The hon. Gentleman made some broader points about competitiveness in taxation that, strictly speaking, are not within the scope of this part of the Bill. It is something that we are always extremely aware of, and that is why my right hon. Friend the Financial Secretary has set up a new group of people in industry to look at such issues more broadly. It is not our policy to raise R and D tax relief to fund a reduction in corporation
Mr. Gauke: The Minister made a point about competitiveness. Yes, corporation tax is lower than it was, but it is not as low as it was compared with our competitors, and it is that problem that the Government must address.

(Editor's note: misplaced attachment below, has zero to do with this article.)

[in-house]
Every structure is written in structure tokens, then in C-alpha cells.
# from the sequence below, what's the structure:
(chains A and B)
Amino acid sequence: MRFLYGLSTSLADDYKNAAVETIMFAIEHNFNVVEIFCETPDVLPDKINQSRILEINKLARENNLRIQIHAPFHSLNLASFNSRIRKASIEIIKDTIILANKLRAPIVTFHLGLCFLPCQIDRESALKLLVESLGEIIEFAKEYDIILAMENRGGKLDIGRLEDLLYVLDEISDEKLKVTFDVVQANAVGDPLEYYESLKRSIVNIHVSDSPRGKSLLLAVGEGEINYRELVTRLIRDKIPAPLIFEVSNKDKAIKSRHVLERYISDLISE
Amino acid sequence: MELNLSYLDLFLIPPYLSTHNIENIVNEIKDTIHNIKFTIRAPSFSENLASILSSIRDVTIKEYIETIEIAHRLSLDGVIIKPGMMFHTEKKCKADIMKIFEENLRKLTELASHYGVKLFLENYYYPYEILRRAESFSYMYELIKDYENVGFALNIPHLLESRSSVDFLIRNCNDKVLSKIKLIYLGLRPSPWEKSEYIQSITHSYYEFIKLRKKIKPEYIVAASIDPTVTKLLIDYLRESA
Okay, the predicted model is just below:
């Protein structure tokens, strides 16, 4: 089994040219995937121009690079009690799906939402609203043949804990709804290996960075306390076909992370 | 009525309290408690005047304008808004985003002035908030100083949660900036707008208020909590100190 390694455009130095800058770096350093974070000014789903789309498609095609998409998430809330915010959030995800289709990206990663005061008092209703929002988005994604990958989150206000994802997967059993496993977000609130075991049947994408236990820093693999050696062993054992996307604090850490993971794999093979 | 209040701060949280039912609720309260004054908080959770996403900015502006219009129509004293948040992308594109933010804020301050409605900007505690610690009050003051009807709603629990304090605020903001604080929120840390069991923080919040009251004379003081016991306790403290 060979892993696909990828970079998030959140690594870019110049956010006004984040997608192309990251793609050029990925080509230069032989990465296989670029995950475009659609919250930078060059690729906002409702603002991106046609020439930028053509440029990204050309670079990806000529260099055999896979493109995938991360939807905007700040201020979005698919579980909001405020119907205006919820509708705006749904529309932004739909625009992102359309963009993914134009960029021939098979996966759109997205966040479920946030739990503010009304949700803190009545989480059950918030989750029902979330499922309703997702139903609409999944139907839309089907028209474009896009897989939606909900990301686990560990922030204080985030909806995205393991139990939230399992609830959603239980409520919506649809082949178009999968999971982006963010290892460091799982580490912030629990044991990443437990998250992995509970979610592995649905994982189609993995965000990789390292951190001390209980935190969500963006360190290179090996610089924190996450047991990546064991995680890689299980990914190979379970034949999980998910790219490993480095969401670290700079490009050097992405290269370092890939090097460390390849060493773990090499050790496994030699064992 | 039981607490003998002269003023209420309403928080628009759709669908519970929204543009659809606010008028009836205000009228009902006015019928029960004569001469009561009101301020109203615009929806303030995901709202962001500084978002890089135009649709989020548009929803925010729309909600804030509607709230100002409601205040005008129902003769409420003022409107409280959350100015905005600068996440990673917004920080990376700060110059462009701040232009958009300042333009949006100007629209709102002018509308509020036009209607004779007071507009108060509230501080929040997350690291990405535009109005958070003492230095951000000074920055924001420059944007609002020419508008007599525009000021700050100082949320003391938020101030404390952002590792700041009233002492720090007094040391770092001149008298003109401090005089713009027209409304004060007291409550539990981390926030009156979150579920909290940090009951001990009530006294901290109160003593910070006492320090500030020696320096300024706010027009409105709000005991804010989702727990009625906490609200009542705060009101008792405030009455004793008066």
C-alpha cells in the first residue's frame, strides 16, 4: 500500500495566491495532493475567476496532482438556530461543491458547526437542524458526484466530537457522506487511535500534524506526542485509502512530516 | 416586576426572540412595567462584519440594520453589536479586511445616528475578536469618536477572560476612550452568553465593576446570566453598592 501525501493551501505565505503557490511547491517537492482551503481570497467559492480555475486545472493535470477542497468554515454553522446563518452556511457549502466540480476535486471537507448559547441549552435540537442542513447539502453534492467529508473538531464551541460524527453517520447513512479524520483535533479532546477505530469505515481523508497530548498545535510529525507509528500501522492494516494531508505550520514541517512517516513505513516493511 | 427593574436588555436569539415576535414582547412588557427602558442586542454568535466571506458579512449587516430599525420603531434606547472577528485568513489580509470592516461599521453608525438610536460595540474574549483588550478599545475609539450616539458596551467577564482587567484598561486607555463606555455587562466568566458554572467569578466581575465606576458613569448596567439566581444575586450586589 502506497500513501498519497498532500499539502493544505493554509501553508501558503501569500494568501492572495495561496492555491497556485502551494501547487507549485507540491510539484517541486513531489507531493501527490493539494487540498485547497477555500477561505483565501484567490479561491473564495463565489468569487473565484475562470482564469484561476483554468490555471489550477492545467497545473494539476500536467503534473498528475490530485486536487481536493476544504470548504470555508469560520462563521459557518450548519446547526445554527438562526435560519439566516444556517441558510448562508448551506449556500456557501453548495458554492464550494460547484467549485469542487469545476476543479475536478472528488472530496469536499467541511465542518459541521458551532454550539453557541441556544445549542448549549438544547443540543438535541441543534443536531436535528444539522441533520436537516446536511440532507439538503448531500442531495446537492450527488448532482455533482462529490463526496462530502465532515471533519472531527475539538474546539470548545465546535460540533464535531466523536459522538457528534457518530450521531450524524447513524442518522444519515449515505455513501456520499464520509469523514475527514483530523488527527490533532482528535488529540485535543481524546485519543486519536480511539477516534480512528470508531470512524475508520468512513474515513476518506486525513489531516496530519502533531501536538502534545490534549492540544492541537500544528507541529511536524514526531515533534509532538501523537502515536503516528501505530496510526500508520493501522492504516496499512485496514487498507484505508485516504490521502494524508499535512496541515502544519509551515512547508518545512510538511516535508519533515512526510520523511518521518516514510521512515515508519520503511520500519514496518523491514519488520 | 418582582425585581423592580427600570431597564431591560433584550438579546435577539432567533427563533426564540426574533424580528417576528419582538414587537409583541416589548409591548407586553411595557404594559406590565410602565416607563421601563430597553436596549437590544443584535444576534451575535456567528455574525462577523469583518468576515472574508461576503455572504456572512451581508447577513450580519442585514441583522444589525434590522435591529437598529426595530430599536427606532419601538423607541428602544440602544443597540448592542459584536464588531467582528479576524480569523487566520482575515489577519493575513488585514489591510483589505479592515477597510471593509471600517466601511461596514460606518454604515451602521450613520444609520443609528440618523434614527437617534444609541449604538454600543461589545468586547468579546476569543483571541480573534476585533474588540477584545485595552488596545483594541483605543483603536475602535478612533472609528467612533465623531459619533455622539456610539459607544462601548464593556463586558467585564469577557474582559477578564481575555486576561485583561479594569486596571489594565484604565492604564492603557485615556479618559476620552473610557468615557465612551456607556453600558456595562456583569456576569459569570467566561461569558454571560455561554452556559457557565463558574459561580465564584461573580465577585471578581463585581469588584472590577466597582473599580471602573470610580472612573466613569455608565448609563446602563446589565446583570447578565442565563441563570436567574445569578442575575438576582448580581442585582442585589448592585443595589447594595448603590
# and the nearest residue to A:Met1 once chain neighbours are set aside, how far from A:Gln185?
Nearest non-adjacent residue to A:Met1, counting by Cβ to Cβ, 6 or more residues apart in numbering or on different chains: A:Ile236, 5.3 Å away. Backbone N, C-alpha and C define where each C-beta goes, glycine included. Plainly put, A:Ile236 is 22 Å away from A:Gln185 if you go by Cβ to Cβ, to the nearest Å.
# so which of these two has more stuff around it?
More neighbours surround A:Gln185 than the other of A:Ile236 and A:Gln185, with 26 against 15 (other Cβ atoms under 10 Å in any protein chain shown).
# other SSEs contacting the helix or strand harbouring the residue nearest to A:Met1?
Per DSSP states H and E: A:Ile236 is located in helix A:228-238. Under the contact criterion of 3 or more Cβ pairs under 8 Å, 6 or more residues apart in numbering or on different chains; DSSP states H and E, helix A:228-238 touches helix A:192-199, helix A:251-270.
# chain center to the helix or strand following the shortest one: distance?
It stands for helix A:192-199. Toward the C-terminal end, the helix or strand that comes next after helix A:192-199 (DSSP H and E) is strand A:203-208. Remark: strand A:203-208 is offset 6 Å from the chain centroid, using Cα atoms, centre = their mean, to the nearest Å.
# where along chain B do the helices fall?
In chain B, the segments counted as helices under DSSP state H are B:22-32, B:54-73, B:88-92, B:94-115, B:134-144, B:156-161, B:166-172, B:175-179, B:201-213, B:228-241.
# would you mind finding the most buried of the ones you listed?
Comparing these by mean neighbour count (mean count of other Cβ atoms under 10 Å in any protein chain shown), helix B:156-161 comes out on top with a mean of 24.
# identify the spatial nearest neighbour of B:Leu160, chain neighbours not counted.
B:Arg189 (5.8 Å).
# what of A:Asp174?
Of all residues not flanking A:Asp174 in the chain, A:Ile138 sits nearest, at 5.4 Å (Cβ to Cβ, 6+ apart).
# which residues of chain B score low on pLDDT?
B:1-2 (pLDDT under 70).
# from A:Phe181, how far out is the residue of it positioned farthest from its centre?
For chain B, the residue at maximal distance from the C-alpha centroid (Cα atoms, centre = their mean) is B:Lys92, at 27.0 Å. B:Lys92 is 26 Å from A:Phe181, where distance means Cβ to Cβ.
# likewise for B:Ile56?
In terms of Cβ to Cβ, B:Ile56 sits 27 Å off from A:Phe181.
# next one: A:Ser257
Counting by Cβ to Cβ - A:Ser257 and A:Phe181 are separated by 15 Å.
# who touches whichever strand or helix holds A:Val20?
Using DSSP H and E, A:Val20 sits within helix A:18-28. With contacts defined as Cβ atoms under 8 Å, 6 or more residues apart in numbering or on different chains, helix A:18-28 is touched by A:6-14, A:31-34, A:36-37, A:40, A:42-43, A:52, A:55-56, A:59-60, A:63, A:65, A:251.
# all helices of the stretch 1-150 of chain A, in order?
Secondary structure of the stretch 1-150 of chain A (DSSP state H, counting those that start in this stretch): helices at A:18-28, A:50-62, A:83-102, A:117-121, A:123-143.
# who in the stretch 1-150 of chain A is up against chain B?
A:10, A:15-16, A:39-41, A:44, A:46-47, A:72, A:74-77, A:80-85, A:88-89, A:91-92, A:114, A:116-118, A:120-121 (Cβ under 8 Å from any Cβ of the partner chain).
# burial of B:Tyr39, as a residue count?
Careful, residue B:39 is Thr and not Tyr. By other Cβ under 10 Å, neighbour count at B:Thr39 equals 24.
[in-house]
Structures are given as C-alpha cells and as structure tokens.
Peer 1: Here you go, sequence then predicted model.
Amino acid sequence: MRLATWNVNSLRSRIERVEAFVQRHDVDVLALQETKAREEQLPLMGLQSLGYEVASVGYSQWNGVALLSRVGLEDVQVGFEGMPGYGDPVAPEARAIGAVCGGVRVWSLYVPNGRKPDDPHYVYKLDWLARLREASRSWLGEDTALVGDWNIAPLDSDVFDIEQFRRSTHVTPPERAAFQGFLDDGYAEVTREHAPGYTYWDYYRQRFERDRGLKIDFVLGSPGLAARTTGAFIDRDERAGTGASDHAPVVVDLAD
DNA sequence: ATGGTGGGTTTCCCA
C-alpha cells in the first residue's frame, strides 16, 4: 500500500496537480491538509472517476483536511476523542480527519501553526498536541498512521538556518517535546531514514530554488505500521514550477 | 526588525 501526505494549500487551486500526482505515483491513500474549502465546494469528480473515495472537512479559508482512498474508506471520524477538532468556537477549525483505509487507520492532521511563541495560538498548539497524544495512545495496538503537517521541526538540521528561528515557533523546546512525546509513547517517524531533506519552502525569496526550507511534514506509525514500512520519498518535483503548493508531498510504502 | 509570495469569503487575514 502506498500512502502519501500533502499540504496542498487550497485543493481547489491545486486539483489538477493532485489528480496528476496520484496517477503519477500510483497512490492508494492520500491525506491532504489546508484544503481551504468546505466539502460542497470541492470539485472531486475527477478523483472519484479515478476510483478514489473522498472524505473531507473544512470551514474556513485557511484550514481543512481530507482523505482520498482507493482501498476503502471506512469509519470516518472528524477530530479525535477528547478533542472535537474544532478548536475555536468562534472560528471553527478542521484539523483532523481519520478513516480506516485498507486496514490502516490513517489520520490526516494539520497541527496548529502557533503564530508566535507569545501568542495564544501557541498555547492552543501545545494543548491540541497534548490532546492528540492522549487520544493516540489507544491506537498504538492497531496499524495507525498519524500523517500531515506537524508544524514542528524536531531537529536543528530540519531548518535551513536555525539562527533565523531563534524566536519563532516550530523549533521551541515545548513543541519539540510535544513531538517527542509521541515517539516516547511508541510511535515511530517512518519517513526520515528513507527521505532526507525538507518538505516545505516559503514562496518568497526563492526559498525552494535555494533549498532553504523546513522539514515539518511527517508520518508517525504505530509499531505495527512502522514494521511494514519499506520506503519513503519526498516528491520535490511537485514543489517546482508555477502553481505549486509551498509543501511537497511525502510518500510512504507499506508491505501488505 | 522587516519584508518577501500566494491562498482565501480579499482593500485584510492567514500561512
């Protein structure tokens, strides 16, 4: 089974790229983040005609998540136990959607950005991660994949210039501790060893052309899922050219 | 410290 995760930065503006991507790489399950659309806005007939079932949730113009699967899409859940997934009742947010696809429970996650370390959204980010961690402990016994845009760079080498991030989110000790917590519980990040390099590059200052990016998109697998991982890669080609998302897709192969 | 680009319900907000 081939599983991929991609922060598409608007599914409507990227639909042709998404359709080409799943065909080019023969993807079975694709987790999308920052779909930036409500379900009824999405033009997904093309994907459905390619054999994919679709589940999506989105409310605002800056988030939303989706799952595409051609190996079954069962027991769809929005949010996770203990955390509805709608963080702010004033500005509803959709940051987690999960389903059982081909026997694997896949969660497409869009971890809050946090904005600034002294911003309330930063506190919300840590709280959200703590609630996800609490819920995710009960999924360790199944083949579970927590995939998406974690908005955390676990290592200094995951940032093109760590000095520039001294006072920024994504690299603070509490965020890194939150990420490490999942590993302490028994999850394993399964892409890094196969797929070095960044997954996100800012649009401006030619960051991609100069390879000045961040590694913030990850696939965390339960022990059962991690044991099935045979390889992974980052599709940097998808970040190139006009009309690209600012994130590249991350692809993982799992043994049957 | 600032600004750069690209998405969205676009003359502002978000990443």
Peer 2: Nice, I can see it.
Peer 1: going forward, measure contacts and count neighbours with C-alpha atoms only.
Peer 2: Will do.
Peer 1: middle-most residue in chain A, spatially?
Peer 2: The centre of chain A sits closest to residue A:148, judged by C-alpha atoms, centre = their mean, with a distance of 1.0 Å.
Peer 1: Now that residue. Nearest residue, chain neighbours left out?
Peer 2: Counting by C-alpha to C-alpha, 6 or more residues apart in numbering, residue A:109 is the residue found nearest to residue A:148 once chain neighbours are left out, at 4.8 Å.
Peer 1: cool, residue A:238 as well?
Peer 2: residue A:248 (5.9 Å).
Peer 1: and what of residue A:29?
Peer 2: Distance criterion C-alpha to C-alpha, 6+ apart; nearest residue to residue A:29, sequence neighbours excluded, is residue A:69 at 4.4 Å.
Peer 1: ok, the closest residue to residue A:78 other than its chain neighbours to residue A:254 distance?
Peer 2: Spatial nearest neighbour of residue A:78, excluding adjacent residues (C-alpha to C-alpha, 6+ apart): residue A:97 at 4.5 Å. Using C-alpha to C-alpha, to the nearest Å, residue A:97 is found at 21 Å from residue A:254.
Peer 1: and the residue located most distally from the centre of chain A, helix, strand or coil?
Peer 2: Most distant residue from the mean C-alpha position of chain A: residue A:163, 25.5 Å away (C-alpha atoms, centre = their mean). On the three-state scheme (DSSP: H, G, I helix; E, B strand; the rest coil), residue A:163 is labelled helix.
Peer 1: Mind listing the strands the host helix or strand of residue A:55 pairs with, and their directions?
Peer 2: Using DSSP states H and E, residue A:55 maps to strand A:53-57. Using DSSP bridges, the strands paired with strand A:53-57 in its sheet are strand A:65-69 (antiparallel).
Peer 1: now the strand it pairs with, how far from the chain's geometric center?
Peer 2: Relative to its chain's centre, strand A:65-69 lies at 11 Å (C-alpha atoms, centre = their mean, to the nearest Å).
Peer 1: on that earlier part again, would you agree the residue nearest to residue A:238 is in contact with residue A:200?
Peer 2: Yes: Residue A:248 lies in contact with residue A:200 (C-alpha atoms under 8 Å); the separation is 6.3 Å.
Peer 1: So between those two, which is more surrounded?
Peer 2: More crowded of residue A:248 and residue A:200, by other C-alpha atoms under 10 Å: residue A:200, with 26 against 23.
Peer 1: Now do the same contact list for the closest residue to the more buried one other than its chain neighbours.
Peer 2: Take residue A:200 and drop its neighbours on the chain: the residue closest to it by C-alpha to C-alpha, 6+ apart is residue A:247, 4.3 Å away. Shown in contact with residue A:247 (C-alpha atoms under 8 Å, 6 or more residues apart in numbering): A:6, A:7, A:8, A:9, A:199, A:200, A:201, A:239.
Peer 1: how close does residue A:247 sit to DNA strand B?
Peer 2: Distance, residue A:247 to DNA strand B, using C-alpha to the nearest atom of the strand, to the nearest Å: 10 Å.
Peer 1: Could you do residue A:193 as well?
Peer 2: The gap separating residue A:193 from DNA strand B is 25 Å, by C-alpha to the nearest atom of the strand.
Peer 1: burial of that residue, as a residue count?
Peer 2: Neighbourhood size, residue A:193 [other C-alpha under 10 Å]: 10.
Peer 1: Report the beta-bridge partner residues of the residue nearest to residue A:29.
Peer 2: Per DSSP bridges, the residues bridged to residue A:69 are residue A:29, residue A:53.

Kitty Ussher: As I have said, we are ever vigilant to make sure that our economy is as competitive as it can be, given our other public objectives. That is why we shall be examining such issues under the group chaired by my right hon. Friend.
Question put and agreed to.
Clause 24 ordered to stand part of the Bill.
Schedule 8 agreed to.